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Middle School GoogleMeets with Bestselling Author George Takei

Tutt Stapp-McKiernan

Wakefield's Middle School students had an unusual opportunity on Wednesday, Sept. 2--they had a GoogleMeet with actor, social justice activist, and New York Times bestselling author George Takei. Mr. Takei is perhaps best known for his role as Mr. Sulu in the original Star Trek series, but Wakefield's Middle School students this year know him as the author of They Called Us Enemy, his graphic memoir based on the years he spent with his family in U.S. internment camps for Japanese Americans during World War II. All Middle School students read the book as part of their summer reading assignment last summer, and were excited to finish their study of the book by hearing directly from the author, both about his childhood experiences and about his work as a writer and human rights activist today. 

Wakefield’s entire Middle School was divided up into small-group, socially-distanced classrooms that were connected via webcams, so everyone could see both Mr. Takei and one another on each room’s Smartboard. Mr. Takei was introduced by his friend and Wakefield parent Doug Ichiuji and his son, 8th grader Alex Ichiuji. 

Takei opened his remarks by saying that reaching young people was his primary reason for choosing to write a graphic memoir about his experiences. He had written an autobiography in 1994 entitled To the Stars, but he felt that telling the story of the Japanese American internment to adults was not enough. There are lessons to be learned, he said, from what he called this “shameful chapter” of U.S. history. And if we don’t learn them, he insisted, we will repeat them.

Pearl Harbor affected the U.S. in 1942 just like 9/11 did in 2001, he said, with a wave of terror sweeping through the country: “Overnight, Japanese Americans were viewed with suspicion, fear, and hatred” by fellow American citizens, simply because they looked like the people who had bombed Pearl Harbor. Soon after, at the order of President Franklin D. Roosevelt, every person of Japanese descent on the west coast of the U.S. was rounded up and shipped to one of ten "relocation centers," where they would be held for years behind barbed wire and under armed guard.

Mr. Takei vividly recreated for the students the terrifying early morning when uniformed men armed with rifles with bayonets pounded on his family’s door in the dark and ordered them to pack quickly and come with them. Takei, five years old, had no idea what was happening but remembers the scene with complete clarity, especially the sight of his mother’s tears as she walked from their home holding his baby sister. The family was driven to the Santa Anita Racetrack outside the city and assigned a smelly and filthy horse stall to sleep in--“a horse stall,” he repeated for emphasis--and were subsequently taken by rail to the swamps of Arkansas, to the first of two relocation centers they would call home until the war came to a close.

According to Mr. Takei, in the 1970s, when those who experienced these horrors as children were now adults, a new generation of Japanese Americans--including not just activists, but lawyers--began the work of seeking redress of the wrong done by the U.S. government to its Japanese American citizens in the 1940s. Takei became involved, making speeches about his experiences and entering into the political process, and finally, in 1988, President Ronald Reagan issued an official apology from the United States for the treatment Japanese Americans had received, and signed the Civil Liberties Act into law. It was a proud day for Takei and others who had worked hard for this late but welcome justice.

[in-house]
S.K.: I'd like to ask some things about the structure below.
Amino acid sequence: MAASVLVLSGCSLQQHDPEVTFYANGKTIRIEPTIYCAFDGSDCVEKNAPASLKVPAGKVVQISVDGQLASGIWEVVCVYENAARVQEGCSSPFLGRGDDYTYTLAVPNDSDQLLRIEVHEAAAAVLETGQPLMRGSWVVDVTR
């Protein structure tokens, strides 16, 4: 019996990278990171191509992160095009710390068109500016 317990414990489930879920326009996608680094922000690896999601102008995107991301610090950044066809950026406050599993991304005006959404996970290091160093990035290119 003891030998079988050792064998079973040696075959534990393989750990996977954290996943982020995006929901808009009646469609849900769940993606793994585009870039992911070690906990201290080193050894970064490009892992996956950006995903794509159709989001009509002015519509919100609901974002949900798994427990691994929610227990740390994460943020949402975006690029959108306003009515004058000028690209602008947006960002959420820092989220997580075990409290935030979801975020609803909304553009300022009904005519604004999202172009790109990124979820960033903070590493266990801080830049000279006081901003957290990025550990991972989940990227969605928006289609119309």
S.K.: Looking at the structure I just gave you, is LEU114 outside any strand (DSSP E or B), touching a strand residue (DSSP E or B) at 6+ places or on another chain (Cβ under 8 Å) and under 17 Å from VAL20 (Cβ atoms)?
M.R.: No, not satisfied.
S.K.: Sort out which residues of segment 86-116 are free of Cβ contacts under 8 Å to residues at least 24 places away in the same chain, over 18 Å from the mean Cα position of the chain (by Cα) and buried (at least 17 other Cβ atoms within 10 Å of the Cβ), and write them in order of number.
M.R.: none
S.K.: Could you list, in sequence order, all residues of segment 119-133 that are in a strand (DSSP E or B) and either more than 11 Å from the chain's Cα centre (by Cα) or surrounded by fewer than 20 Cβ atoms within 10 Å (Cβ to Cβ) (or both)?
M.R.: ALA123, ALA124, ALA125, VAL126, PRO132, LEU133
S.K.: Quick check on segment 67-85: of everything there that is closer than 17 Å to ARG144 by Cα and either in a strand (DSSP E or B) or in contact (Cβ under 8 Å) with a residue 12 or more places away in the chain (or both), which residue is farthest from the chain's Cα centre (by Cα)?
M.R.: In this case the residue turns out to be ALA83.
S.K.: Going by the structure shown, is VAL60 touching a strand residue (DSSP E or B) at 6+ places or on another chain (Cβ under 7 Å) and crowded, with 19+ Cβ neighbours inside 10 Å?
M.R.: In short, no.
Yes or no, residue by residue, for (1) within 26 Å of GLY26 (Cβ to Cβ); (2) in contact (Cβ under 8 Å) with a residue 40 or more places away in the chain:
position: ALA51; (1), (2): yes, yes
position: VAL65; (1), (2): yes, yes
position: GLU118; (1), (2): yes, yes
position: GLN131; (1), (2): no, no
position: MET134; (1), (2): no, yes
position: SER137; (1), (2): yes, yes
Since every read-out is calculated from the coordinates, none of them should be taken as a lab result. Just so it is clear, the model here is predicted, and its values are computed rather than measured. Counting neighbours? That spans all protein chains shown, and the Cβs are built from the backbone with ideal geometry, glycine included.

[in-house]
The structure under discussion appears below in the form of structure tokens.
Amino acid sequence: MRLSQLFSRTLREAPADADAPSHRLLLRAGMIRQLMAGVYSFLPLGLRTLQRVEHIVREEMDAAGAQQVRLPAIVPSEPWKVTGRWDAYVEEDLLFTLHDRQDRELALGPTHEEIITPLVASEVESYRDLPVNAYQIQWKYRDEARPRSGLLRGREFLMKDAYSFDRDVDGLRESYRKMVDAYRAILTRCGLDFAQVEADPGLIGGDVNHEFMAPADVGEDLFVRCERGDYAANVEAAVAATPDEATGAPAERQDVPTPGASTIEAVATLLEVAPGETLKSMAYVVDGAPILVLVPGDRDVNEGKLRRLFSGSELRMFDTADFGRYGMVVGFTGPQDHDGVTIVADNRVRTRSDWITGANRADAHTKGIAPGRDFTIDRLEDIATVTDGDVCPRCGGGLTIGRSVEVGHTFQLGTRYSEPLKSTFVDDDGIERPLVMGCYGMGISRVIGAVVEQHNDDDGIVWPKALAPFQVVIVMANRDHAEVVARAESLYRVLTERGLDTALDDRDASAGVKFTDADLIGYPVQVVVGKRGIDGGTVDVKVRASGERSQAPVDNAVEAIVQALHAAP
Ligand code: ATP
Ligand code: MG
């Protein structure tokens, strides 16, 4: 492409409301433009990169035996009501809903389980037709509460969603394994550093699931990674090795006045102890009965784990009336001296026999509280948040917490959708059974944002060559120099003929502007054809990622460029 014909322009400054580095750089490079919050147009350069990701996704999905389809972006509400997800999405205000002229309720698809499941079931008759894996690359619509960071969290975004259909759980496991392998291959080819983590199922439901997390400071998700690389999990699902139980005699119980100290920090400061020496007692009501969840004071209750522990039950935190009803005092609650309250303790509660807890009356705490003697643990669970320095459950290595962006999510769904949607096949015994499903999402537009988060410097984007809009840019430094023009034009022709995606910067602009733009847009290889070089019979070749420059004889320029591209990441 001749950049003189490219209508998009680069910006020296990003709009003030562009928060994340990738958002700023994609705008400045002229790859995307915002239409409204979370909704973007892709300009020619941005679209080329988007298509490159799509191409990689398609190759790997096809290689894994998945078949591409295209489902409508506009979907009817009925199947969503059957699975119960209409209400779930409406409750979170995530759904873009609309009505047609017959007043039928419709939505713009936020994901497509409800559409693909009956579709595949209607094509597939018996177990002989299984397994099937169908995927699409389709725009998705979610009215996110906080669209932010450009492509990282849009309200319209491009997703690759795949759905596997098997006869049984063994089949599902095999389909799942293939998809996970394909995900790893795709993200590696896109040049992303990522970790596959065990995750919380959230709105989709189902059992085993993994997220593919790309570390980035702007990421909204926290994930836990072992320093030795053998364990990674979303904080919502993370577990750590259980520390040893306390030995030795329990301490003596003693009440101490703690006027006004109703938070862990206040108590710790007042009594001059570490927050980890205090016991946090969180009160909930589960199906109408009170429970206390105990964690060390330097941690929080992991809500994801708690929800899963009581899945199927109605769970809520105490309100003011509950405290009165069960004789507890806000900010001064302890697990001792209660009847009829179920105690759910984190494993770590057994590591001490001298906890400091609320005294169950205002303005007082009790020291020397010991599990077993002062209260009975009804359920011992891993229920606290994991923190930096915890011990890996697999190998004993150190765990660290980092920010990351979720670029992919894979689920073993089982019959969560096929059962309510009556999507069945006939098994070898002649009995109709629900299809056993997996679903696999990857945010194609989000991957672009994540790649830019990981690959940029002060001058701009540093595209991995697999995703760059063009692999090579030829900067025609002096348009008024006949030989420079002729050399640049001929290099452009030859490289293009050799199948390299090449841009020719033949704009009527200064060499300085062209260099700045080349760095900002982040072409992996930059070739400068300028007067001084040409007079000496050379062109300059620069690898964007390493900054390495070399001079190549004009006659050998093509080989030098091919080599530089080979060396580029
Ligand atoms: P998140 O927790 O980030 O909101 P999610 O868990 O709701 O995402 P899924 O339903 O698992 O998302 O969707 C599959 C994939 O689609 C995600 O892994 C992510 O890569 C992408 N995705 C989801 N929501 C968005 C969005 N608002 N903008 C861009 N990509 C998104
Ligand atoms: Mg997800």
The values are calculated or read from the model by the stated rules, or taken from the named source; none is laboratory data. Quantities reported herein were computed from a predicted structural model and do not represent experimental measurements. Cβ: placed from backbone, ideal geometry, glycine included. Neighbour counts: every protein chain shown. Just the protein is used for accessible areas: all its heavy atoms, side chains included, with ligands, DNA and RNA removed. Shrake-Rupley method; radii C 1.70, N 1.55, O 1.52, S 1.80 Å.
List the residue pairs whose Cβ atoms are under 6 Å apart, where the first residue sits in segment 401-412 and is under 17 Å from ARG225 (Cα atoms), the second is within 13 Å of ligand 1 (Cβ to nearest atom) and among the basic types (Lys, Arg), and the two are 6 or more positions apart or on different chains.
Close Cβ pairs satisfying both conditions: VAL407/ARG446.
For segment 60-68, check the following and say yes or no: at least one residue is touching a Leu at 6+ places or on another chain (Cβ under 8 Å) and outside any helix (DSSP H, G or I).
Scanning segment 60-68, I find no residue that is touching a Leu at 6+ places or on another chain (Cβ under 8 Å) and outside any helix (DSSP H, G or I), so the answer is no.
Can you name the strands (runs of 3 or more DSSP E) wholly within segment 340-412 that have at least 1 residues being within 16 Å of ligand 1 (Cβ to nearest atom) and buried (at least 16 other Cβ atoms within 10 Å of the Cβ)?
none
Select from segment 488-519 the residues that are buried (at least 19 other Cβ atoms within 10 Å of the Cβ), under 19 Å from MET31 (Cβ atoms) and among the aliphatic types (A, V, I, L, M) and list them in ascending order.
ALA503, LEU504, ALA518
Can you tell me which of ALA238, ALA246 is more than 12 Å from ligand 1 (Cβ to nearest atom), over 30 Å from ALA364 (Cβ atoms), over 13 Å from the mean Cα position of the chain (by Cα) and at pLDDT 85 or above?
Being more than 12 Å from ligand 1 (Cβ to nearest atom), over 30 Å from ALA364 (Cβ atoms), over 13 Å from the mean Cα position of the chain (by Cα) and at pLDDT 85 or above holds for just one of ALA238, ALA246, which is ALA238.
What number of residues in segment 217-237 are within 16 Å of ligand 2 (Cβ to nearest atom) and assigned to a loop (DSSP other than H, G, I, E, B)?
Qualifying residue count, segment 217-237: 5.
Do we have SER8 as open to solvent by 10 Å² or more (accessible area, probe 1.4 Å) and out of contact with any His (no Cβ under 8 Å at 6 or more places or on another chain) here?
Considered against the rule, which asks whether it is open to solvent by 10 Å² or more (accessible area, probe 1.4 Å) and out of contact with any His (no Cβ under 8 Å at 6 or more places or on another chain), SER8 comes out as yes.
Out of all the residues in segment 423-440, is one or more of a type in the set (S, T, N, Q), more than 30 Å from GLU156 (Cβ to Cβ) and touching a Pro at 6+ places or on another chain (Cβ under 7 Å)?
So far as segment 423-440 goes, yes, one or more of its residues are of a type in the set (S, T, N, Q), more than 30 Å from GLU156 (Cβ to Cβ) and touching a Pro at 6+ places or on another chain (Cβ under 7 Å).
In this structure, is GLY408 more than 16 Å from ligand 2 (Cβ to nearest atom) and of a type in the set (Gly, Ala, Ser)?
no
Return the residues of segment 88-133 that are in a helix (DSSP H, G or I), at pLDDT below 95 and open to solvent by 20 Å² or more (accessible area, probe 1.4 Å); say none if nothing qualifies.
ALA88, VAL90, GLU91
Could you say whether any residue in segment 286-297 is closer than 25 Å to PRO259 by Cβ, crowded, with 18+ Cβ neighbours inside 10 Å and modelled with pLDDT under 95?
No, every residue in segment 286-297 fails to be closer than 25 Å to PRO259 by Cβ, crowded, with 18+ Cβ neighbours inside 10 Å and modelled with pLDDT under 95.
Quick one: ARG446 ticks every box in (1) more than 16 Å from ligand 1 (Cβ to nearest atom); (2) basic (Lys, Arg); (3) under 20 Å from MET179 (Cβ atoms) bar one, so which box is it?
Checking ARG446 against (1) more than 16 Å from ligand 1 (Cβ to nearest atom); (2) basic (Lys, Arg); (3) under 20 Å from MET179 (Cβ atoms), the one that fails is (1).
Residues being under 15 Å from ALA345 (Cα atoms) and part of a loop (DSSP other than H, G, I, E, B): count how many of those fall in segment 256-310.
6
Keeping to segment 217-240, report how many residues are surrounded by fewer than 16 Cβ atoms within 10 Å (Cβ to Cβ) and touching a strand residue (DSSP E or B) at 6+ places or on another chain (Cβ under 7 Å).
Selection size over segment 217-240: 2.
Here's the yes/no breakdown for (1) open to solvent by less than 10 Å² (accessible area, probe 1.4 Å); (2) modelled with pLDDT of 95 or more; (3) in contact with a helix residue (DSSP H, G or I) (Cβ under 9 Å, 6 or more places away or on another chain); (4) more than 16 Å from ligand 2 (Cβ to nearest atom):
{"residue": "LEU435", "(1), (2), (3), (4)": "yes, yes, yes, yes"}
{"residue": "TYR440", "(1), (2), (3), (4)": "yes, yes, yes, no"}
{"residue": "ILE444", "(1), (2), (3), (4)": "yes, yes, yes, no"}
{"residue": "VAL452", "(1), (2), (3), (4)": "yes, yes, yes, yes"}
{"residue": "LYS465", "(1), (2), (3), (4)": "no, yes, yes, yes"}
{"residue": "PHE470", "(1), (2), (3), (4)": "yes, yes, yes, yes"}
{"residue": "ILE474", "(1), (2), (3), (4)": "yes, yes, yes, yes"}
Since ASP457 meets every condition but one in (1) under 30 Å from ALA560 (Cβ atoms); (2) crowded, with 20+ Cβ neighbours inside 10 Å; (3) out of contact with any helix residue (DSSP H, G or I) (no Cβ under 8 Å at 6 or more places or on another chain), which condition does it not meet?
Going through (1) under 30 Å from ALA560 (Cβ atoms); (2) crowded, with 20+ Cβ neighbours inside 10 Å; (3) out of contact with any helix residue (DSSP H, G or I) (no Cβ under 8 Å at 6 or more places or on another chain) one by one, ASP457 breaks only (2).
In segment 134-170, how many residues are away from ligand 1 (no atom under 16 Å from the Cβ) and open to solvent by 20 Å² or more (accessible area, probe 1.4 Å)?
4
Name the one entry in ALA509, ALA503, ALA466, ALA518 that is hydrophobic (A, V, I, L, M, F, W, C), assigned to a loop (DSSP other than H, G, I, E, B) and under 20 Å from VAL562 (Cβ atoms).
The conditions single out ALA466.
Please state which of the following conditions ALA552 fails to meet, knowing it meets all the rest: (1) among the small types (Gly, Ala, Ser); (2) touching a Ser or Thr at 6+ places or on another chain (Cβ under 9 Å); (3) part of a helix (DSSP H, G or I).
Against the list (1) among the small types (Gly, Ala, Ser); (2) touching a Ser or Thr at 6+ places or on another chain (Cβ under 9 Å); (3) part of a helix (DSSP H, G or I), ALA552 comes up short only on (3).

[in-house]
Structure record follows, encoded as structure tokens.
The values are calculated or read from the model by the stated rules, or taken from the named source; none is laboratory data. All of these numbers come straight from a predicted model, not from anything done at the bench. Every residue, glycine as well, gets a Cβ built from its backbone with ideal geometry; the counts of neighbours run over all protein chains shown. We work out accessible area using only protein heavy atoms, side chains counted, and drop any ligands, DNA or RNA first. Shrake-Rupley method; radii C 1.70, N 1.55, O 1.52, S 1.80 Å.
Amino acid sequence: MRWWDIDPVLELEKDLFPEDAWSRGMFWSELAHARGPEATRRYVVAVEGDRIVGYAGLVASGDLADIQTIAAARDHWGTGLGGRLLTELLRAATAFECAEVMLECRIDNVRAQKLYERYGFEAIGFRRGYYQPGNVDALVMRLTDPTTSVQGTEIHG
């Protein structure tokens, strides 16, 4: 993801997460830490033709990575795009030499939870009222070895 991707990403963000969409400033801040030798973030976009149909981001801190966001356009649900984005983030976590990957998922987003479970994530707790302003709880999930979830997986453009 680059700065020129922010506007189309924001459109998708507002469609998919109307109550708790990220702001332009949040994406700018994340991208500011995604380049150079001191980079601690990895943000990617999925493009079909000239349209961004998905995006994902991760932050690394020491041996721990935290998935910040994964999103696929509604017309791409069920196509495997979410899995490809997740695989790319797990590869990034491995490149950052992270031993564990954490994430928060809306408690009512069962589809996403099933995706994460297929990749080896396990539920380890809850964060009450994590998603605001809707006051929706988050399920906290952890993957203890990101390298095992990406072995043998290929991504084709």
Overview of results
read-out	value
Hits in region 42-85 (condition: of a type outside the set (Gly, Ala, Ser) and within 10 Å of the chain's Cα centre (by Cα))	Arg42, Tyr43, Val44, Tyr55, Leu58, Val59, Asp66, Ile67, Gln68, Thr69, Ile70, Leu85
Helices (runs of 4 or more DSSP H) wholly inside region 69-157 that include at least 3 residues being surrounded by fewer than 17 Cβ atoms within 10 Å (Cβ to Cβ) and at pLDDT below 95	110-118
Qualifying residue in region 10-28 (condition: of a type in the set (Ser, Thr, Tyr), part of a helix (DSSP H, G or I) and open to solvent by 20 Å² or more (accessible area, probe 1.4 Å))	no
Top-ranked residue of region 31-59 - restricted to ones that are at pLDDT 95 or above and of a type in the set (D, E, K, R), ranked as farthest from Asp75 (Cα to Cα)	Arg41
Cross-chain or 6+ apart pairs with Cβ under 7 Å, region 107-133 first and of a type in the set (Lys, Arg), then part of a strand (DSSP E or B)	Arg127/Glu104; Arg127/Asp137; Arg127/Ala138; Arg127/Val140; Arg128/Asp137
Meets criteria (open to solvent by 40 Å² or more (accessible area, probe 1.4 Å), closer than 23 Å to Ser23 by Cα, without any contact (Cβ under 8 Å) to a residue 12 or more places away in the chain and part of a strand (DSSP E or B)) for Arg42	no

Students were able to ask questions after Mr. Takei’s talk, and the depth of their curiosity spoke to the importance of their reading They Called Us Enemy:  “Did you ever get used to the internment camps? How did your family keep your eye on what you believed and not get caught up in all the other racial drama going on? How did your experiences shape your beliefs about the United States? Are you ever still discriminated against today? Do you still have your mom’s sewing machine that she brought to the internment camps?” 

According to the event’s organizers, Middle School English teacher and Division Head Keturah Maraska and fellow Middle School English teacher John Pennisi, They Called Us Enemy is their second venture with having the entire Middle School read one book in common as part of summer reading.  Last year’s book was another nonfiction work, I Will Always Write Back by Caitlin Alifirenka and Martin Ganda, about two childhood pen pals who become lifelong friends--one from Pennsylvania and one from Zimbabwe. 

“Both [books have] been nonfiction tales about young people who experience hardship and overcome their trials to lead very fulfilling lives,” says Mr. Pennisi. 

Mrs. Maraska adds, “I have found our class discussions about Mr. Takei’s book to be enlightening as students recognize the impact fear can have on society, how influential his parents were, and what it means to be an American.” 

One point that came through clearly in Mr. Takei’s talk was how much he and his family continued to love and respect the United States, despite the hardships and betrayal they experienced. “I learned the meaning of a participatory democracy,” Mr. Takei said in closing. “Humans are fallible, and we make mistakes. Our Constitution opens with the words, ‘We the People, in order to form a more perfect union…’ More perfect means it is never perfect! People must participate in our participatory democracy to make it more perfect.”